Stigma Among Health Professionals
Even the most well educated (and well-meaning) health professionals evince stigma when treating patients. A study done in 2010, at a conference of trained mental health professionals, found that referring to an individual as a “substance abuser” instead of a person having a “substance use disorder” evoked different judgments among mental health professionals.
Respondents perceived “substance abusers” to be guilty of drug misuse, believing that punitive measures should be taken.
In this study, researchers asked a group of mental health and addiction specialists to read one of two written passages. One group read a passage that referred to an individual as a “substance abuser.” The other group read a passage that referred to that same person as “having a substance use disorder.” The results show that even a seemingly small difference in wording, has a tangible impact. The group who read the “substance abuser” passage were more likely to see the person as deserving of punitive action (like a jail sentence). They were more likely to see the person as personally responsible for their condition. This way of thinking is a barrier to providing real medical treatment.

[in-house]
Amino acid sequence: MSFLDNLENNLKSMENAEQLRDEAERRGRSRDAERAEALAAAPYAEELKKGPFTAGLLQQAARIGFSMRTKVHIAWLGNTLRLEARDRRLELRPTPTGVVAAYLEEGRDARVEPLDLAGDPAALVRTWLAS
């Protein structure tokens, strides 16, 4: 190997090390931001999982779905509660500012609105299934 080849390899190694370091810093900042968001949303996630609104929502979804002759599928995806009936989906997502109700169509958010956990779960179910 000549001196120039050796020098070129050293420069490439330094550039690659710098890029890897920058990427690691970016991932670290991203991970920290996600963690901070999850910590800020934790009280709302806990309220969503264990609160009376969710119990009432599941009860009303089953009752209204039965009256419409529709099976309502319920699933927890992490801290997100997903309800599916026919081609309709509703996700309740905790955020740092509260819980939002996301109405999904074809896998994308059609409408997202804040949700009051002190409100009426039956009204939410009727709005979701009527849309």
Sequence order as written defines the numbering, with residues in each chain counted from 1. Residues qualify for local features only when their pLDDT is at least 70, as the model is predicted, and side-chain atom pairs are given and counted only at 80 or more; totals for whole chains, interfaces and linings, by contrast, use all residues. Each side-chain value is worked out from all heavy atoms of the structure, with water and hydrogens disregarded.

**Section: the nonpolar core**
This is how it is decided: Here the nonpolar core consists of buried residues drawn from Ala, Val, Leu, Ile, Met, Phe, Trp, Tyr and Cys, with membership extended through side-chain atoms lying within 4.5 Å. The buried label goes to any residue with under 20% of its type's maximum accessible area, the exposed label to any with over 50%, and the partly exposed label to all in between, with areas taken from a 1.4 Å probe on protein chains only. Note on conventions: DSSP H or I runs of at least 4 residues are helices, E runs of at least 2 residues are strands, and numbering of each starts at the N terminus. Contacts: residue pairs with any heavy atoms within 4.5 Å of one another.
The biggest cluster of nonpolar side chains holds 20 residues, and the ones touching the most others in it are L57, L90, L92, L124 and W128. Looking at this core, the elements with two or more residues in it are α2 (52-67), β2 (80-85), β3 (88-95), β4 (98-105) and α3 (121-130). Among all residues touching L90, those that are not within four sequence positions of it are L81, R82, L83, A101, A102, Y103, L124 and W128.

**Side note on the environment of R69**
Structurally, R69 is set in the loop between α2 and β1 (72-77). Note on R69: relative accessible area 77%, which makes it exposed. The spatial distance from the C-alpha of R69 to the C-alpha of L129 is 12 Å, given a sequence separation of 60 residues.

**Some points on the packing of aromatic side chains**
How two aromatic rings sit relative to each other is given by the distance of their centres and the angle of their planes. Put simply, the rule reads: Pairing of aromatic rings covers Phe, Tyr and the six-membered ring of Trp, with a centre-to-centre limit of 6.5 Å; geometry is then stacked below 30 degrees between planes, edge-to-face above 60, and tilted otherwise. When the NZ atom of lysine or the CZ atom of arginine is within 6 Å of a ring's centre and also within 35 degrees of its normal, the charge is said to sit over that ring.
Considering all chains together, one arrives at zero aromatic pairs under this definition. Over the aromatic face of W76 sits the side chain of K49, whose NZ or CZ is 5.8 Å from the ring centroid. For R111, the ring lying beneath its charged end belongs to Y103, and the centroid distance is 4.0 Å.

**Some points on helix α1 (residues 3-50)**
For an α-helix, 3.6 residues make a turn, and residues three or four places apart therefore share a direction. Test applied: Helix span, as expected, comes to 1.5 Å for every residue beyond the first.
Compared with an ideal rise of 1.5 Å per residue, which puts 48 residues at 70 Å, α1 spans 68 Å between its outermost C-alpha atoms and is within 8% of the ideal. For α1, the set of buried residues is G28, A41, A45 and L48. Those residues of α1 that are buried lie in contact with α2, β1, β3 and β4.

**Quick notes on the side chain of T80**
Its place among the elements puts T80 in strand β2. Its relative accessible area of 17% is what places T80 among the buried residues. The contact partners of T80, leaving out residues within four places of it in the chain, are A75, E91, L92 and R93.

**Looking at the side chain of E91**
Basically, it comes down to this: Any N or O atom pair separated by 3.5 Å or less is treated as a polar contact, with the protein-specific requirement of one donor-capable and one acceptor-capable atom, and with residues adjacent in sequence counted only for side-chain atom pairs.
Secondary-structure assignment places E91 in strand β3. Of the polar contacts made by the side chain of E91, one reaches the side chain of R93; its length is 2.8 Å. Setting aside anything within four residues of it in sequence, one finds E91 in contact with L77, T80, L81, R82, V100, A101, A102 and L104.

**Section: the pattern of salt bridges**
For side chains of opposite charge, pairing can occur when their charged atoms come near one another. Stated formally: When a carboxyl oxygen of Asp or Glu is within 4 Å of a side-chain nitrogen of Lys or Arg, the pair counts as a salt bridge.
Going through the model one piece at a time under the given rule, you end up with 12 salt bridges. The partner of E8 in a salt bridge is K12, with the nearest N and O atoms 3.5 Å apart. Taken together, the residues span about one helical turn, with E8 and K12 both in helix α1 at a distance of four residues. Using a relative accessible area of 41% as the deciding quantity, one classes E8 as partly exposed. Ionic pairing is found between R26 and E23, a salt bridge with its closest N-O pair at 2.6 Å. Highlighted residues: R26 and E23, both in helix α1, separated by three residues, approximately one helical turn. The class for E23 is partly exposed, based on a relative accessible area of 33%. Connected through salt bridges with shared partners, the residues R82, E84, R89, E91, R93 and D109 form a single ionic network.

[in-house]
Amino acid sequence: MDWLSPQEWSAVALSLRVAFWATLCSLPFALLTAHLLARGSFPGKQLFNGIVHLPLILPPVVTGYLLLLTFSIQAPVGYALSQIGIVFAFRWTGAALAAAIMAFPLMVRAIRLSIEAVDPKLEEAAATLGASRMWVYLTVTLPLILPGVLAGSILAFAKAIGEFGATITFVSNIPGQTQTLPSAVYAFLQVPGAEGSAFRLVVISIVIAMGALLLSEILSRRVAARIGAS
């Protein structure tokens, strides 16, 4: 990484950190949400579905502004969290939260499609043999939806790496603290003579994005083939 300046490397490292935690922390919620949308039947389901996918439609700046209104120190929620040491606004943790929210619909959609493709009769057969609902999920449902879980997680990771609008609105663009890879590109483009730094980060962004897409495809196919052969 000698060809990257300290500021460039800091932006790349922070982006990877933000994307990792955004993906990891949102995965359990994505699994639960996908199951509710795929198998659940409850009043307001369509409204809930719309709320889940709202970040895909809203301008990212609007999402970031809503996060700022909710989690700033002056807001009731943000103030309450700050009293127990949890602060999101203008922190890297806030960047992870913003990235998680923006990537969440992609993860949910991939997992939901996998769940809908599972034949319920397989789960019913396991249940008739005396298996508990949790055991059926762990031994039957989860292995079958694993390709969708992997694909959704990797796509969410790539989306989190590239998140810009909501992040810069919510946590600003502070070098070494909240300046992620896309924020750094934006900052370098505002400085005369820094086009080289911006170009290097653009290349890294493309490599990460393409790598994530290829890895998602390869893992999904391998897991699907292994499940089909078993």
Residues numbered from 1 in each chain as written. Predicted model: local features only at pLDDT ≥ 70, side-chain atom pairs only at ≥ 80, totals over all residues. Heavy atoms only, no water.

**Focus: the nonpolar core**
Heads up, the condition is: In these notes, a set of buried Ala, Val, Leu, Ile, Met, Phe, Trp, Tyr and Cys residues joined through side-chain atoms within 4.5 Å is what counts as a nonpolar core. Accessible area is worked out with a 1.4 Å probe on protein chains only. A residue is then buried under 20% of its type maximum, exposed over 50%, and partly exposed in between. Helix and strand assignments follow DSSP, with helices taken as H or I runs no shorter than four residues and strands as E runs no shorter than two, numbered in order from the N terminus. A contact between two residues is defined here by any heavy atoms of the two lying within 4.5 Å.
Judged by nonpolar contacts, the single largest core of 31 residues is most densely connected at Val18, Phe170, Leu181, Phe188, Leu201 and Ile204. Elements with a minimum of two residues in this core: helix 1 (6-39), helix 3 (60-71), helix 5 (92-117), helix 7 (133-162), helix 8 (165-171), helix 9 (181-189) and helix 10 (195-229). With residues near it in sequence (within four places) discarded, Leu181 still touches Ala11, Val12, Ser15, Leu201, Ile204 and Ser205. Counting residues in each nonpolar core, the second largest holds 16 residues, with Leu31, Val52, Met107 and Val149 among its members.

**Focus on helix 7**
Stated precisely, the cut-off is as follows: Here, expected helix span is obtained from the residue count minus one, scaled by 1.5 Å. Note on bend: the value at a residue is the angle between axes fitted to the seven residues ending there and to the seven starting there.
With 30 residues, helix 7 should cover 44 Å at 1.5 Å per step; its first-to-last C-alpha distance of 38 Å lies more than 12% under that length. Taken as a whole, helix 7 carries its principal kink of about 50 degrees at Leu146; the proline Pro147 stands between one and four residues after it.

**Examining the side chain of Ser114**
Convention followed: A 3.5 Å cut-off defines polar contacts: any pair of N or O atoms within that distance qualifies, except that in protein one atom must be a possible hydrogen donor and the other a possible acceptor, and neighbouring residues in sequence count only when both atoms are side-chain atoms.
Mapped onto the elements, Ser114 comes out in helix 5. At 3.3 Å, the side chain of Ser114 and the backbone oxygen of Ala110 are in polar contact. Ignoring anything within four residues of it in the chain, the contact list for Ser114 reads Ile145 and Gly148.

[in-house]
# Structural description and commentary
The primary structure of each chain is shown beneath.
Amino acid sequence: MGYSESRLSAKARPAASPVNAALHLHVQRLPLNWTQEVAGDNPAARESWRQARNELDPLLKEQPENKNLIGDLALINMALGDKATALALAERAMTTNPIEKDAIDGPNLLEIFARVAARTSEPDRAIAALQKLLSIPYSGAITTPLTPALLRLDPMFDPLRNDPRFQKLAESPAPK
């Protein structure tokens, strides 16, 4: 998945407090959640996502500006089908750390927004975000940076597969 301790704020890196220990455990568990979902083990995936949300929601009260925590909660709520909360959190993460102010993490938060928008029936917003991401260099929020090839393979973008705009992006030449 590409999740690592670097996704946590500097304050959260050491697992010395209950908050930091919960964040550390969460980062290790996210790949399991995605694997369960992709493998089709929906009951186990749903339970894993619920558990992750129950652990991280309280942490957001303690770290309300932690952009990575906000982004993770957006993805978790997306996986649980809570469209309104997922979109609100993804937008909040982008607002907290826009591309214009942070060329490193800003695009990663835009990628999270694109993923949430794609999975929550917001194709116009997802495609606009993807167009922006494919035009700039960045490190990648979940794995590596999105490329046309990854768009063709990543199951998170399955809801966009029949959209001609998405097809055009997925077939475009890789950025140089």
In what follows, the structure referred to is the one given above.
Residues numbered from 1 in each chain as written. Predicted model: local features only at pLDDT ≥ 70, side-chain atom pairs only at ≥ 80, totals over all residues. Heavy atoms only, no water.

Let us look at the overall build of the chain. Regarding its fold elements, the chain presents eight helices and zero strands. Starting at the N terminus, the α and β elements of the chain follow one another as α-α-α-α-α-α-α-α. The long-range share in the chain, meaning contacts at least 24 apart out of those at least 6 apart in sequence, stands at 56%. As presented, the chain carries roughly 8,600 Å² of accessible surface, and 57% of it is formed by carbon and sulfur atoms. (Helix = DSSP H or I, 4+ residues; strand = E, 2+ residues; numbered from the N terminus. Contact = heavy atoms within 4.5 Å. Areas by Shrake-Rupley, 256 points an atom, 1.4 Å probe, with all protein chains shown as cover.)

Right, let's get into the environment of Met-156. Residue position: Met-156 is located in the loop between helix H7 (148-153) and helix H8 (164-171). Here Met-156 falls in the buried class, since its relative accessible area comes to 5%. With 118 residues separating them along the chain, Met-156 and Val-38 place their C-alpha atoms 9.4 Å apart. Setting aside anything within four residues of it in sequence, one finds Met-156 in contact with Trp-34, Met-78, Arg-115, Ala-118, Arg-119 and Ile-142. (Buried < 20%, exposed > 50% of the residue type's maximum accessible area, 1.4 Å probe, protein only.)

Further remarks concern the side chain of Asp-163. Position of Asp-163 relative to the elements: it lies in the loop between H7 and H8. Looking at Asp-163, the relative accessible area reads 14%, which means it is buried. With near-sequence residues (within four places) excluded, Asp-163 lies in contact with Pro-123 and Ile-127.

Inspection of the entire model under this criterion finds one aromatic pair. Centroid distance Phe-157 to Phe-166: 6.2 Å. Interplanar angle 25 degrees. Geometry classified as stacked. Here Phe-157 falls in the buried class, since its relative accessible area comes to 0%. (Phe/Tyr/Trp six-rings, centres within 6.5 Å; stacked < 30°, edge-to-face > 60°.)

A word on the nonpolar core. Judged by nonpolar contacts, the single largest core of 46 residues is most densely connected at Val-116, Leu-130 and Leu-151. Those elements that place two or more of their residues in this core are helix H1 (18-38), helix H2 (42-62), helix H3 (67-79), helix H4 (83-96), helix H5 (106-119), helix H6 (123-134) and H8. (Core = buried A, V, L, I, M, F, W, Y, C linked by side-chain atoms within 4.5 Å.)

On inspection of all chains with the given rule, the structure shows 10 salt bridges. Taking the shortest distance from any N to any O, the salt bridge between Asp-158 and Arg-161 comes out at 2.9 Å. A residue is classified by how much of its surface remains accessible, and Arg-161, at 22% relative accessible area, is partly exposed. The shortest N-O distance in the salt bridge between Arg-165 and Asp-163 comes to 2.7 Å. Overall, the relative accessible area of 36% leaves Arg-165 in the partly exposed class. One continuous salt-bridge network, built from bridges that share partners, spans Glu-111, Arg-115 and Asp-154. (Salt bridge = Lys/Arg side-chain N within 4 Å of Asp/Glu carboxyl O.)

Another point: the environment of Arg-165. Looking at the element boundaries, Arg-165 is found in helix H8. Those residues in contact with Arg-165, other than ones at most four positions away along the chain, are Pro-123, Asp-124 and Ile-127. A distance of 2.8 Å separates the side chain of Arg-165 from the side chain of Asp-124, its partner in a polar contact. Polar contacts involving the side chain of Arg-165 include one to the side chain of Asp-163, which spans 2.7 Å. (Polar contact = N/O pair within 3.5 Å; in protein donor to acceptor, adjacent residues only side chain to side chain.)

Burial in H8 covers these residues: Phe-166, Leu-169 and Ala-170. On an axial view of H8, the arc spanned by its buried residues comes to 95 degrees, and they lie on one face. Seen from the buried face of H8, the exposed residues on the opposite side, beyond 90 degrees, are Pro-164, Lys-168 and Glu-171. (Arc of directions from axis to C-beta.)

Addiction Stigma in the ER and MAT
Studies have also shown that in emergency departments, some health care professionals may be dismissive of someone with an alcohol or drug problem. Because they don’t view it as a medical condition, they don’t see its treatment as part of their job. Emergency department staff might deny care to people who inject drugs, because they believe them to be drug-seeking.